It is my opinion, based on the above precepts, that a number of additions or changes to your ballot title are necessary in order to more fully and correctly summarize your proposal. I cannot, however, at this time, fairly or completely summarize the effect of your proposed measure to the electorate in a popular name or ballot title without the resolution of the ambiguities in the text of the measure itself. And thus I cannot determine precisely what changes to the ballot title are necessary to fully and correctly summarize your proposal. It is therefore not appropriate, in my opinion, for me to try to substitute and certify a more suitable and correct popular name and ballot title pursuant to Ark. Code Ann. § 7-9-107(b). Instead, you may, if you wish, redesign the proposed measure and ballot title, and then resubmit for certification. In order to aid your redesign, I highlight below the more concerning ambiguities in the text of your proposal.

1. Section 2 of your proposal states that the effective date for “cultivation, production, distribution, sale, possession, and use of the cannabis plant” is November 7, 2018. The proposal states that on this date, these activities “shall be regulated pursuant to the provision of this amendment and made lawful.”

Section 9 of your proposal requires the state to “begin issuing marijuana licenses and plant tags by April 19th, 2019.” According to Section 9, if there are no licenses or plant tags available by April 19, 2019, then the relevant regulatory scheme “shall not be enforced … until such licenses and tags are issued.”

There is a fundamental inconsistency between the measure’s effective date, stated in Section 1, and the date described in Section 9 by which licensure should be complete. Section 1 states that on November 7, 2018, “cultivation, production, distribution, sale, possession, and use of the cannabis plant … shall[21] be regulated … and made lawful.” Thus, a reasonable voter would believe that the marijuana-related activities listed in Section 1 could lawfully begin on November 7, 2018. But Section 9 states that regulation (at least as to licenses and plant tags) need not start until April 19, 2019 or later. Based on Section 9, a reasonable voter would believe that the activities permitted by issuance of a license or plant tag might not be lawful until at least April 19, 2019. And if licenses and plant tags are not issued until April 19, 2019 (or afterward), it is unclear what would be the legal status of “cultivation, production, distribution, sale, possession, and use of the cannabis plant” upon the measure’s effective date of November 7, 2018.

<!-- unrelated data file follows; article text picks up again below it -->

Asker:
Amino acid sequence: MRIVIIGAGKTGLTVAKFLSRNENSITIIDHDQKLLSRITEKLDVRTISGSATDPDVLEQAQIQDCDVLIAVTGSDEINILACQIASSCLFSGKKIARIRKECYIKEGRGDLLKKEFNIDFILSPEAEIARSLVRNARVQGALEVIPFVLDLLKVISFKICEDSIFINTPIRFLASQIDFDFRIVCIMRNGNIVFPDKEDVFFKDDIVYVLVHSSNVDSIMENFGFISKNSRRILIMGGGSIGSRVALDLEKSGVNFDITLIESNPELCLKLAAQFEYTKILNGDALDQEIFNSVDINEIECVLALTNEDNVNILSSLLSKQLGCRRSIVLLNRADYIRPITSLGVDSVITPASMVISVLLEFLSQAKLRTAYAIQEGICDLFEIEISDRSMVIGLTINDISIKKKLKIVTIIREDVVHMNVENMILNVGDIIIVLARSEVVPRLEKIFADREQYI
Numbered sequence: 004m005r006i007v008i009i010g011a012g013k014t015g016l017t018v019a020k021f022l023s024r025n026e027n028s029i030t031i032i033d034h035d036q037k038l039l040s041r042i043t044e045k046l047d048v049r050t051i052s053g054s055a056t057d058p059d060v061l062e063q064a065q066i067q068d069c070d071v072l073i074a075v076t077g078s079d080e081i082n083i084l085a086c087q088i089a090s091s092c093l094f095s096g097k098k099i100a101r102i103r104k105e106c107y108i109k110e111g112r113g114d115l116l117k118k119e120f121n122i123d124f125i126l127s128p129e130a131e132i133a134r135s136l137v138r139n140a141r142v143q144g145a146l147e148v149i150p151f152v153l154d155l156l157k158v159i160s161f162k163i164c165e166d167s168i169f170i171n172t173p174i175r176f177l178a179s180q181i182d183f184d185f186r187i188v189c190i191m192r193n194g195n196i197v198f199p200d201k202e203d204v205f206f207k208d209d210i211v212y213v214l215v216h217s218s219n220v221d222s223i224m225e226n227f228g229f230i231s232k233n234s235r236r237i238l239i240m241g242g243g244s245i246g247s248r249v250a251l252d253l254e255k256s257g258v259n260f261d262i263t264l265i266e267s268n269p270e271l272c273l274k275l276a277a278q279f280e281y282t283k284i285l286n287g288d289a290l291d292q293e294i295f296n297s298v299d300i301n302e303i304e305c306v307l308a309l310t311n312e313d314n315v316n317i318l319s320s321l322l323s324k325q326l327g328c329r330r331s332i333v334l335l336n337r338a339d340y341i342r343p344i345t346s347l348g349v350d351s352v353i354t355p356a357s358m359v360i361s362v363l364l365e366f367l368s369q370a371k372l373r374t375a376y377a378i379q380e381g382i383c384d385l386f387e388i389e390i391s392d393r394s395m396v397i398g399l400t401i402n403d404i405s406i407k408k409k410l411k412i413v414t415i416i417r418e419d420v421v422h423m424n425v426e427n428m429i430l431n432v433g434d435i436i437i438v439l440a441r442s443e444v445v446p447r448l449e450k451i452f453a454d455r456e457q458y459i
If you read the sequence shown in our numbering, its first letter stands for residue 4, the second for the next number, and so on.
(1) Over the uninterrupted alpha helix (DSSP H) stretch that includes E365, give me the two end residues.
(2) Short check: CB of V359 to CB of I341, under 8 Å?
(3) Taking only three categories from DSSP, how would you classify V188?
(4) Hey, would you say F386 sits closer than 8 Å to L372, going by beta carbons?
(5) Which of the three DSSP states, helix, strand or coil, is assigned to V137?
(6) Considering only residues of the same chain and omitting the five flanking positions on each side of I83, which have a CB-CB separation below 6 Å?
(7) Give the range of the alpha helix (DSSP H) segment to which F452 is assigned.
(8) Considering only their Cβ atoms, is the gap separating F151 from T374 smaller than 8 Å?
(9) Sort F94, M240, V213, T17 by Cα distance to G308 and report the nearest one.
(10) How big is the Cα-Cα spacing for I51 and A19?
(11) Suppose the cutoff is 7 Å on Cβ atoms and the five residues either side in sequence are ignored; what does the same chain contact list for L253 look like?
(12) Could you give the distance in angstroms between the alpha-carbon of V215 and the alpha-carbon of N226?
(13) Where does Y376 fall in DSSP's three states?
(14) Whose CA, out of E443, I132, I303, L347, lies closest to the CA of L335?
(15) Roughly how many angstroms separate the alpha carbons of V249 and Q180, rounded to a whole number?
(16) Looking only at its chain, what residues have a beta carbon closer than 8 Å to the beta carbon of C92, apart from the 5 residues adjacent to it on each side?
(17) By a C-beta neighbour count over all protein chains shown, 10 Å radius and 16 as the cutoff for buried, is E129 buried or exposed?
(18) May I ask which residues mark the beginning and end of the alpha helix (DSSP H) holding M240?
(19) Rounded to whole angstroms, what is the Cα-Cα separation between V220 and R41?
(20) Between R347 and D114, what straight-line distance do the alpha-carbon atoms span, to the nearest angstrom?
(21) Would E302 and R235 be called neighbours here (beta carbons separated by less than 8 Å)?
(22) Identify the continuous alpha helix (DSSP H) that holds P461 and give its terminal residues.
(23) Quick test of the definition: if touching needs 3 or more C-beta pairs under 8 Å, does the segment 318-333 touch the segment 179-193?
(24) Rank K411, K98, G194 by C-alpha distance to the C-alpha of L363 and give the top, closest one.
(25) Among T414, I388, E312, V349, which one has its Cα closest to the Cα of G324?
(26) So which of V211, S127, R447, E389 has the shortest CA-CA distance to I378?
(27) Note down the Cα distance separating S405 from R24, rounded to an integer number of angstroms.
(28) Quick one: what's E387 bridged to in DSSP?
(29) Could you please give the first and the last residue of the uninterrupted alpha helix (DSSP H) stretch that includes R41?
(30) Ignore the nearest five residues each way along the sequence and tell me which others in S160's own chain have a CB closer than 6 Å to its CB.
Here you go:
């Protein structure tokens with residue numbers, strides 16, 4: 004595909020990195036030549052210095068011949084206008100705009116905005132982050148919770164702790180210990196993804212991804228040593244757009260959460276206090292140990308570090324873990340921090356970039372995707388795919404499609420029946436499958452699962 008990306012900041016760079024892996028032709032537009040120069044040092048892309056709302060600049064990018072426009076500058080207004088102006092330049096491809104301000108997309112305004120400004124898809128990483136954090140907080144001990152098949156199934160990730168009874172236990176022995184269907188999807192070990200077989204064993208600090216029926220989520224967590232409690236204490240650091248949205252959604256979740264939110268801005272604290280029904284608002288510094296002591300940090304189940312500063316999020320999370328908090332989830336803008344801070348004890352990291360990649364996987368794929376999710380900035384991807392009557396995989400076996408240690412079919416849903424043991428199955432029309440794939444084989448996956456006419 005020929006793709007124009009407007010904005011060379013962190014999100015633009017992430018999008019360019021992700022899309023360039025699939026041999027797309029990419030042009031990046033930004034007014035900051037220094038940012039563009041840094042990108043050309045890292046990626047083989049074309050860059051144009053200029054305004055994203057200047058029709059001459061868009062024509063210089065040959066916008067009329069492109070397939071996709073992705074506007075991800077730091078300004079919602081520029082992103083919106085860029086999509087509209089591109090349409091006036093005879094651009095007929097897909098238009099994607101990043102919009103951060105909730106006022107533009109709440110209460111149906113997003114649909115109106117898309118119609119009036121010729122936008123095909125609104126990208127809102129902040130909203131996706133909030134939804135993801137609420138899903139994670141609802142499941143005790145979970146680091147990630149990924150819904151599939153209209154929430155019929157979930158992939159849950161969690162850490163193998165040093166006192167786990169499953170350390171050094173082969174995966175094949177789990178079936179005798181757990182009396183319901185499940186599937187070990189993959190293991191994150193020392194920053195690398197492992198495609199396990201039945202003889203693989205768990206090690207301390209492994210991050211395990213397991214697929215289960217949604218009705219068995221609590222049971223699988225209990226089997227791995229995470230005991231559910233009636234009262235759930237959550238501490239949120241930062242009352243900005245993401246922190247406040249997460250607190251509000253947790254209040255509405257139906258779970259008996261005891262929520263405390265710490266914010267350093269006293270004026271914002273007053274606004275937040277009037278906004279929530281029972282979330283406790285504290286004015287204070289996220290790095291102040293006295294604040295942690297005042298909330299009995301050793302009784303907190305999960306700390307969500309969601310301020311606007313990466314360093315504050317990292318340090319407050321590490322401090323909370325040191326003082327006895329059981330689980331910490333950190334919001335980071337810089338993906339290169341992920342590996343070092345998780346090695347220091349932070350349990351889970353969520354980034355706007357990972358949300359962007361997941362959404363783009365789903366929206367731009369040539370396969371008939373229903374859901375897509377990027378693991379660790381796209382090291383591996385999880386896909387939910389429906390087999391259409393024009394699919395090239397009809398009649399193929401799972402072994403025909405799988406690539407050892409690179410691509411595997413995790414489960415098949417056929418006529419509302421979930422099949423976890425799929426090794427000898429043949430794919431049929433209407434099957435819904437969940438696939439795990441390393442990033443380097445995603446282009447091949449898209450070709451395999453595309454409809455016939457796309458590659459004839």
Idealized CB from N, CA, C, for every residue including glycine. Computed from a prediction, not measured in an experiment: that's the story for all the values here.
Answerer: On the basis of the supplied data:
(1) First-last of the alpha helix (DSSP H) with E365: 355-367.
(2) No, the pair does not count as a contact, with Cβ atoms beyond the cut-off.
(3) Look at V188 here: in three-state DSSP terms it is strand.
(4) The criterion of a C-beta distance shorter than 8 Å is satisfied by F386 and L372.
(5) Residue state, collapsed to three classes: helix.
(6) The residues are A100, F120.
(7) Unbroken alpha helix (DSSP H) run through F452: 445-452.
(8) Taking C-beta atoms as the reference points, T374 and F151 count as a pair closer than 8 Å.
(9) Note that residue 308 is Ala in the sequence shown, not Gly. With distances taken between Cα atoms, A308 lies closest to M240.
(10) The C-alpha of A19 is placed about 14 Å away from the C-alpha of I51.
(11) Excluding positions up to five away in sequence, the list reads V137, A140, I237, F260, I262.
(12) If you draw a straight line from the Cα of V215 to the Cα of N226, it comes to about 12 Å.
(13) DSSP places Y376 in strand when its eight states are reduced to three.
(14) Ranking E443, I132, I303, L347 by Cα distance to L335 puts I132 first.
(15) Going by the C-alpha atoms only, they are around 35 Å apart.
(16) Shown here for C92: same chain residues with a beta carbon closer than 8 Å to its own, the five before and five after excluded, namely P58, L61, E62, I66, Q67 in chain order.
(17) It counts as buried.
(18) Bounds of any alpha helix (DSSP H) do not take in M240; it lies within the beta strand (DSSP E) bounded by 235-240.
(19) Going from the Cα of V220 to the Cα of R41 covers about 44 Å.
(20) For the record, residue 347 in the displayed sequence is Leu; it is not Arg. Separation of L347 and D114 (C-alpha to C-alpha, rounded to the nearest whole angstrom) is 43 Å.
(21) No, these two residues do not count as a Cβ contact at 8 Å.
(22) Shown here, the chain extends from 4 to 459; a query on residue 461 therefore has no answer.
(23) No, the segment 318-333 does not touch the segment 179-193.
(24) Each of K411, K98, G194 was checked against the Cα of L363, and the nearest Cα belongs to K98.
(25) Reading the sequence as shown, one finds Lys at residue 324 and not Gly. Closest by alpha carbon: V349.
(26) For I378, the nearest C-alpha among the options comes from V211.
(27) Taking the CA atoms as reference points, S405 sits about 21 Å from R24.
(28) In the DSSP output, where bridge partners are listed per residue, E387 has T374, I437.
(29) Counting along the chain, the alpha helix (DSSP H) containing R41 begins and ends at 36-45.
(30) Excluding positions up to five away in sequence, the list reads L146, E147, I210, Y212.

These issues are especially problematic given that the proposal is self-executing, pursuant to Section 10. The inconsistencies in Sections 2 and 9 must be resolved before I can accurately summarize the import of the measure’s effective date in a ballot title.